Smt. Kalpana Palkhiwala:India is endowed with a rich and diverse forest vegetation. The forests of the country vary. India is the second most populous and seventh largest country in the world having a population of over one billion with 1.8% of world’s forest cover. It is, however, important to differentiate between the forest cover and the tree cover, i.e., Trees Outside Forests (TOF).
There exists a significant tree cover wealth outside the conventional forest area, most of which is less than one hectare in extent. They include small patches of trees in plantations, and woodlands, or scattered trees on farms, homestead and urban areas or trees along linear features such as roads, canals, bunds etc. They constitute significant areas. Trees Outside Forests (TOF) are considered an alternative but significant source of fuel, fodder and timber. They give economic stability, support development and also provide environmental relief to the local people.
With the improvement in satellite data resolution and with adoption of digital image processing, it is possible to assess forest cover patches as small as one hectare that are termed as tree cover.
The tree cover estimate comprises tree patches outside the recorded forest area which are not captured by remote sensing satellites during forest cover assessment. This area is less than the minimum mappable area (1 ha) and comprises blocks and linear patches having areas up to 0.1 ha and scattered trees.
All areas more than 1 ha in extent and having a tree canopy density of 10% and above are included under forest cover. However, there are many small patches of trees less than 1.0 ha in extent, such as trees in small scale plantations, woodlots, or scattered trees on farms, homesteads and urban areas, or trees along linear features, such as roads, canals, bunds, etc. not being captured by satellite sensors under forest cover due to technological limitations.
The Forest Survey of India (FSI) started estimating the tree cover in the country in the year 2001 to have a complete picture of the forest and tree cover to compare it with the national goal of 33% forest and tree cover.
Methodology of Tree Cover Assessment
Trees outside forest areas are fragmented, scattered and there is no accurate knowledge of their geo-locations. They have a low density and their assessment by conventional methods becomes costly and time-consuming. In 2001, the FSI developed a methodology using high resolution satellite imageries (5.8m) for identification and classification of TOF resources. Appropriate sampling is then done and field inventory conducted for assessment of TOF which is used for estimation of tree cover. Based on this method, the first estimate of TOF and tree cover was published in ‘SFR 2003’, which was based on the inventory of 60 districts. There has been improvement in the present estimate because against the inventory data of 60 districts, the data of additional 60 districts inventory during 2003-2005, i.e. data of a total of 120 districts comprising 10,145 sample plots has been used to estimate the tree cover of the country.
The assessment of tree cover of a district has two components. One component consists of areas identified from satellite data under block and linear forms. The high resolution satellite imageries map tree blocks (patches between 1 and 0.1 ha) and linear plantations in the rural areas. The actual area covered by such patches is computed from the classified digital map using GIS methods. The second component is the computed area from scattered trees growing in rural and urban strata, which are not mapped/identified even with high-resolution satellite data (5.8m) currently used.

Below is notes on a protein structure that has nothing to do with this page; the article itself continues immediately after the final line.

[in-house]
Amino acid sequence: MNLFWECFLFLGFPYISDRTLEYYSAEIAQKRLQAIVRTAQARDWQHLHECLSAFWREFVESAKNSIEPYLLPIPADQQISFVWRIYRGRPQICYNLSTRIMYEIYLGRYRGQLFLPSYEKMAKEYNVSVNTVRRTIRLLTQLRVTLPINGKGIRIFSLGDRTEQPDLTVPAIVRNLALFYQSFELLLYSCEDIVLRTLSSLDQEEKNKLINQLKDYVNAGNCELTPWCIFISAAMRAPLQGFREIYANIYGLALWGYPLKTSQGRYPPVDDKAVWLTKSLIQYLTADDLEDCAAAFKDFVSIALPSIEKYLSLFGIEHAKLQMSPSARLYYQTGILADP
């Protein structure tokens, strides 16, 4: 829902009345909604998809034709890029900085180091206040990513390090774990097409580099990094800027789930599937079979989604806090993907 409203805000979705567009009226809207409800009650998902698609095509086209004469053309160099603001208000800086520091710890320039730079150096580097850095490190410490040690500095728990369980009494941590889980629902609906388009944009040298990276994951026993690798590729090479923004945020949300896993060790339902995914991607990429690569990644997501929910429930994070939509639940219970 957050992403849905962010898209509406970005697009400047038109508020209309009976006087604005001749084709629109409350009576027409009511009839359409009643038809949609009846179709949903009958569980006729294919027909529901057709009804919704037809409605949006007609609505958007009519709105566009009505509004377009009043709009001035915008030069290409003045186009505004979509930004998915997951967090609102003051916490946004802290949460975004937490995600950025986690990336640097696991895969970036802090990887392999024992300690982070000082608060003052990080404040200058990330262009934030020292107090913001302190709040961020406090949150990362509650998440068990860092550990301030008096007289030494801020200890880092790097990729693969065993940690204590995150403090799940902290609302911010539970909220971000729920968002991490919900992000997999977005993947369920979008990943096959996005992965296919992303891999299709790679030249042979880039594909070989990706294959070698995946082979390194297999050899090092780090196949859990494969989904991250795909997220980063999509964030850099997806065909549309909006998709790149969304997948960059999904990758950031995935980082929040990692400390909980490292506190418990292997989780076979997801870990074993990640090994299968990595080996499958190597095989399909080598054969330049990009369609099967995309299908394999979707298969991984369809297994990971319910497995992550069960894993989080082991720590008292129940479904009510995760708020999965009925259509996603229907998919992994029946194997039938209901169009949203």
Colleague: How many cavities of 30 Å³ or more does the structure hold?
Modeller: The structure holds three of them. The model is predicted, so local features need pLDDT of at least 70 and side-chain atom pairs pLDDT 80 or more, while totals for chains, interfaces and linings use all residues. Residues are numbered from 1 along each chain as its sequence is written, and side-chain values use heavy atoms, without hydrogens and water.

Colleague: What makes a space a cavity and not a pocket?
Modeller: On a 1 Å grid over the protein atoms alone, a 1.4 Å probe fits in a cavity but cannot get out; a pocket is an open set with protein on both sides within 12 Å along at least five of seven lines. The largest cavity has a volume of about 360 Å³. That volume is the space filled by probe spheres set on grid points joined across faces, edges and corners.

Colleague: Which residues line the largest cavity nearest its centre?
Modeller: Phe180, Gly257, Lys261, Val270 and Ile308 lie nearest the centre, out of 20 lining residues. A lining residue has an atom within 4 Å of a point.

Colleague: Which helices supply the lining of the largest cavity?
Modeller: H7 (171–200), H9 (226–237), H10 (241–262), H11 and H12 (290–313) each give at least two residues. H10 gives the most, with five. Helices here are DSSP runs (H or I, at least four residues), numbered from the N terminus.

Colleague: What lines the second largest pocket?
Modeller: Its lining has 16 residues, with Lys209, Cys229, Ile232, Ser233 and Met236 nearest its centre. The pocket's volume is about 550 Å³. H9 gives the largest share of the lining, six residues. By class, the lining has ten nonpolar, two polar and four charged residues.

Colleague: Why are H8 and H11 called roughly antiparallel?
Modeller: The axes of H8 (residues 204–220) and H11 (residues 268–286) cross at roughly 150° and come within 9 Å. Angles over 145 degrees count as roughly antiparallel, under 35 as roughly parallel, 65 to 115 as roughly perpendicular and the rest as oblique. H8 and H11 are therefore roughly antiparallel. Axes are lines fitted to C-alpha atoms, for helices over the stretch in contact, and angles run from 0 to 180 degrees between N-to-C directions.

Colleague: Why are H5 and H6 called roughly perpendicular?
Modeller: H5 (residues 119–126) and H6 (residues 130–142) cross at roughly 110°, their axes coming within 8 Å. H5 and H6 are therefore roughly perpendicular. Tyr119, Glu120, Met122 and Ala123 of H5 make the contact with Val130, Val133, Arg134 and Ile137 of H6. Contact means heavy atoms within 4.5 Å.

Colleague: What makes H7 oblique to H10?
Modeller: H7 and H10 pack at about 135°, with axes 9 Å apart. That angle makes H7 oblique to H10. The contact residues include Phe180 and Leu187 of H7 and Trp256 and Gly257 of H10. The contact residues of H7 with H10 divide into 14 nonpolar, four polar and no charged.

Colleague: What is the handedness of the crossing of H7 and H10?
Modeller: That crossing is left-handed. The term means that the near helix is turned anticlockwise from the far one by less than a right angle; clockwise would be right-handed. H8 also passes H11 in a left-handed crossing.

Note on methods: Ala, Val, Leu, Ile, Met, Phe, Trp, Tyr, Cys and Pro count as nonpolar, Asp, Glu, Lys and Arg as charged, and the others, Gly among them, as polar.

For computing area of tree cover from scattered trees, an exercise was conducted in 2001 to establish relationship between diameter (DBH) and tree crown of different species growing in different physiographic zones. This relation was used to derive the number of trees of a species in making 1 ha area with 70% density. To estimate the area of tree cover under scattered trees in rural and urban strata, adequate numbers of sample plots are laid and numbers of trees occurring in the sample plots are enumerated by diameter, class and species. This helps in estimating the number of trees per ha in scattered and urban strata. Using the number of trees by diameter and species constituting 1 ha area as published, the tree cover under scattered stratum is estimated. The entire Culturable Non-Forest (CNF) area of the district excluding block and linear patches already assessed is taken for estimating the tree cover under scattered stratum. The area under urban stratum is taken from Census data. The total tree cover for the selected district is obtained by aggregating the area of tree cover under block and linear strata, and computed area from scattered trees in rural and urban strata.
On the basis of the tree cover of sampled districts, the tree cover for the physiographic zone is estimated. Adding tree cover estimate for all the physiographic zones provides the estimated tree cover of the country.
Tree Cover in the Country
The total tree cover of the country has been estimated to be 91,663 km², which constitutes 2.79 per cent of the country’s geographic area.The tree cover constitutes the largest area in Maharashtra (8.978 km²) followed by Rajasthan (8,379 km²), Uttar Pradesh (8,203 km²) and Andhra Pradesh (7,640 km²). Considering the percentage of geographic area under tree cover, the highest rank goes to Lakshadweep (13.33%) followed by Pondicherry (8.66%), Daman & Diu (7.76%) , Goa (7.24%), Delhi (7.20%), Kerala (6.77%) and Dadra & Nagar Haveli (5.66%).
*Assistant Director ( M & C), PIB, New Delhi